Symptoms: Infection of the knee causes painful knee swelling. In addition, people who develop such infection typically complain of fevers and chills. Less severe infections may not have associated fevers or cause this ill feeling.
Treatment: New swelling and pain in the knee must be evaluated for infection based on your doctor's opinion. Treatment usually includes intensive antibiotic therapy and may include aspiration of the joint, or surgical drainage of the infection.
Patellofemoral Syndrome and Chondromalacia Patella
Description: These 2 conditions represent a spectrum of disease caused by patellar mistracking.
Symptoms: The condition typically occurs in young women and also in athletes of both sexes and elderly people. In patellofemoral syndrome, the patella rubs against the inner or outer femur rather than tracking straight down the middle. As a result the patellofemoral joint on either the inner or outer side may become inflamed causing pain that is worse with activity or prolonged sitting. As the condition progresses, softening and roughening of the articular cartilage on the underside of the patella occurs, and the syndrome is referred to as chondromalacia patella.
Treatment: Home care with PRICE therapy, NSAIDs, and exercises (such as straight leg raises) that balance the muscles around the patella work for most people. Physical therapy to assess factors that may contribute to the disease process guides management to include exercise, bracing or taping of the patella, commercial arch supports (for the arch of the foot), or orthotic supports that correct foot mechanics and may reduce abnormal forces on the knee. Severe cases of patellofemoral syndrome or chondromalacia may be treated surgically through a variety of procedures.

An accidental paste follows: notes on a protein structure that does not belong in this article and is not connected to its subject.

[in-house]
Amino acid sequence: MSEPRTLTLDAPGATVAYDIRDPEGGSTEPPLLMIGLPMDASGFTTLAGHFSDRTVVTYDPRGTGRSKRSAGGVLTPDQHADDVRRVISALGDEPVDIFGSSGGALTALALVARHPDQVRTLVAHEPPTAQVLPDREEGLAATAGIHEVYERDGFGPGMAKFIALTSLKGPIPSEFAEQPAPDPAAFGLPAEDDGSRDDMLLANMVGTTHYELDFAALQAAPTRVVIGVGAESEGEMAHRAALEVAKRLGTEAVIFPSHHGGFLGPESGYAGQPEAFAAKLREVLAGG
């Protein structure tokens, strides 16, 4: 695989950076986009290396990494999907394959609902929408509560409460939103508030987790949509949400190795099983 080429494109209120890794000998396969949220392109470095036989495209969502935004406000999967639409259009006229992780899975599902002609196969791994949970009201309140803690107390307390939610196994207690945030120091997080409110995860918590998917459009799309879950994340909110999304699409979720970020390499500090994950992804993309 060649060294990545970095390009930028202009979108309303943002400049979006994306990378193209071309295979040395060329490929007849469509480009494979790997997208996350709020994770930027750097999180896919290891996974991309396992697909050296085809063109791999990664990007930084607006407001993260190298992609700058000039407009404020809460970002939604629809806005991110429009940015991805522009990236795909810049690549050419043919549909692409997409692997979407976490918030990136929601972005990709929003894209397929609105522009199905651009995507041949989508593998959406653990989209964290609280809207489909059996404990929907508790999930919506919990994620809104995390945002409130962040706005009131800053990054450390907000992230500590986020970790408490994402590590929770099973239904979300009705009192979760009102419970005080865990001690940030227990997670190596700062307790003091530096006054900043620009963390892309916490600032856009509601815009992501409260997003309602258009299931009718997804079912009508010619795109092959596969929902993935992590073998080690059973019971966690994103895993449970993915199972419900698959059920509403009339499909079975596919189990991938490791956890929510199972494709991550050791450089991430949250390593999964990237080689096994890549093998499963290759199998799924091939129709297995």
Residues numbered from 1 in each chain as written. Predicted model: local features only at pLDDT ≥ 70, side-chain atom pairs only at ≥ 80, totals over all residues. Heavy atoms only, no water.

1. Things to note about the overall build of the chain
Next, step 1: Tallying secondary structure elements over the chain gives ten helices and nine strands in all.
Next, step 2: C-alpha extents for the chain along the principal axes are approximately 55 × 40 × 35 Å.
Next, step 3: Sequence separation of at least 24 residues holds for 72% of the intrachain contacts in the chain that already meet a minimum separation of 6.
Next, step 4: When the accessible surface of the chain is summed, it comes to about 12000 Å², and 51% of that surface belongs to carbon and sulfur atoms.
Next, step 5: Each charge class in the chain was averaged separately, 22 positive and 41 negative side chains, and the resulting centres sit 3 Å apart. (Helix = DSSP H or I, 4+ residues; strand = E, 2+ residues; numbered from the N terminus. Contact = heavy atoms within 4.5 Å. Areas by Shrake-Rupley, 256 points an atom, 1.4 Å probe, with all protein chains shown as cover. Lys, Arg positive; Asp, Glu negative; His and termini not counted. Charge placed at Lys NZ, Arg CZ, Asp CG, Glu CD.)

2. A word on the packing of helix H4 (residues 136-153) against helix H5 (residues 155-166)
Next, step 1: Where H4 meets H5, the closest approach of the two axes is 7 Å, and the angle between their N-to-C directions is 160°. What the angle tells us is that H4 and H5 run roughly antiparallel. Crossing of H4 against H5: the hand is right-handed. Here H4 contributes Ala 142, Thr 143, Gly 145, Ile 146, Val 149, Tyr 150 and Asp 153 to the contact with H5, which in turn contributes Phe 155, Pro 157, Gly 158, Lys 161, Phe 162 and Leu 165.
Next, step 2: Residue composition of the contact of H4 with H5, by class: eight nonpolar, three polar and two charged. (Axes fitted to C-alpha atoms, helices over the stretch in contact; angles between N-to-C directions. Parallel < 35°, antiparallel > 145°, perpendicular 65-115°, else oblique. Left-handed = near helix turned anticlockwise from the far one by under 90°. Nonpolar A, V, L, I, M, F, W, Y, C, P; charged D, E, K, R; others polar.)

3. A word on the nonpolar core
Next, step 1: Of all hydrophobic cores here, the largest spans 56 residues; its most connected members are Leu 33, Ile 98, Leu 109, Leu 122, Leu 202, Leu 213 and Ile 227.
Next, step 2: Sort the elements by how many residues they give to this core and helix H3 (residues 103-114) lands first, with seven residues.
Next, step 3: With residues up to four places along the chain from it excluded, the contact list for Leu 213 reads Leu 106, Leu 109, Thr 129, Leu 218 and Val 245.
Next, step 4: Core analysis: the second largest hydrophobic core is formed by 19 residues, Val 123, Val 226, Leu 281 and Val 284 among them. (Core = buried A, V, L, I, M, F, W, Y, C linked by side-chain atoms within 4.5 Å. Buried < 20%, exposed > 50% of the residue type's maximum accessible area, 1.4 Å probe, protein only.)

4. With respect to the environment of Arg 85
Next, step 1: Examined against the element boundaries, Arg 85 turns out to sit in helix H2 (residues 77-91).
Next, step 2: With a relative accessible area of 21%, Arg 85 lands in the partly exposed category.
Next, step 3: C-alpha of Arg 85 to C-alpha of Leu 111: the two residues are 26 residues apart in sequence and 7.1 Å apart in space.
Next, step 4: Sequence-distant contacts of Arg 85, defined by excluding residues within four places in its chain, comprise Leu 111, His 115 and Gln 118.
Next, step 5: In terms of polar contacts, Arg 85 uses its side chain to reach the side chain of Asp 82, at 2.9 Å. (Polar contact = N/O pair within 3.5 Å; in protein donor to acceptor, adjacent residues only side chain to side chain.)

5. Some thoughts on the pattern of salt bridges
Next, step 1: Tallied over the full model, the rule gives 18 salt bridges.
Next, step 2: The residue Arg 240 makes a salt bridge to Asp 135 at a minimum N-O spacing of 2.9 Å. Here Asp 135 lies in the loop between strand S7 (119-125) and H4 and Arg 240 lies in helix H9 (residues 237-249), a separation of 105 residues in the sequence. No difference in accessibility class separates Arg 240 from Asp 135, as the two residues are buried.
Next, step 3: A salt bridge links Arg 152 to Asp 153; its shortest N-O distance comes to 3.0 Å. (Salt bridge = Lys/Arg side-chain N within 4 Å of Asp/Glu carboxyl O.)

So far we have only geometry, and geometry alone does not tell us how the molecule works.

Description: Tendonitis (inflammation of the tendon) of the quadriceps tendon at the upper point of the patella, where it inserts, or tendonitis of the patellar tendon either at the lower point of the patella, or at the place where it inserts on the tibia (called the tibial tuberosity, the bump about 2 inches below the knee on the front side), is termed jumper's knee. Jumper's knee is so named because it is typically seen in basketball players, volleyball players, and people doing other jumping sports.
Symptoms: Jumper's knee causes localized pain that is worse with activity. It usually hurts more as you jump up than when you land because jumping puts more stress on tendons of the knee.
Treatment: Home therapy with the PRICE regimen together with anti-inflammatory drugs is the basis of treatment to manage the acute phase. Particularly important are rest, ice, and NSAID drugs, which will help stop the pain and break the cycle of inflammation. After controlling the pain, you should slowly start an exercise regimen to strengthen the quadriceps, hamstrings, hip, and calf muscles before resuming your sport of choice a few weeks down the line. Also, bracing of the extensor mechanism may help remove stress from the tendons.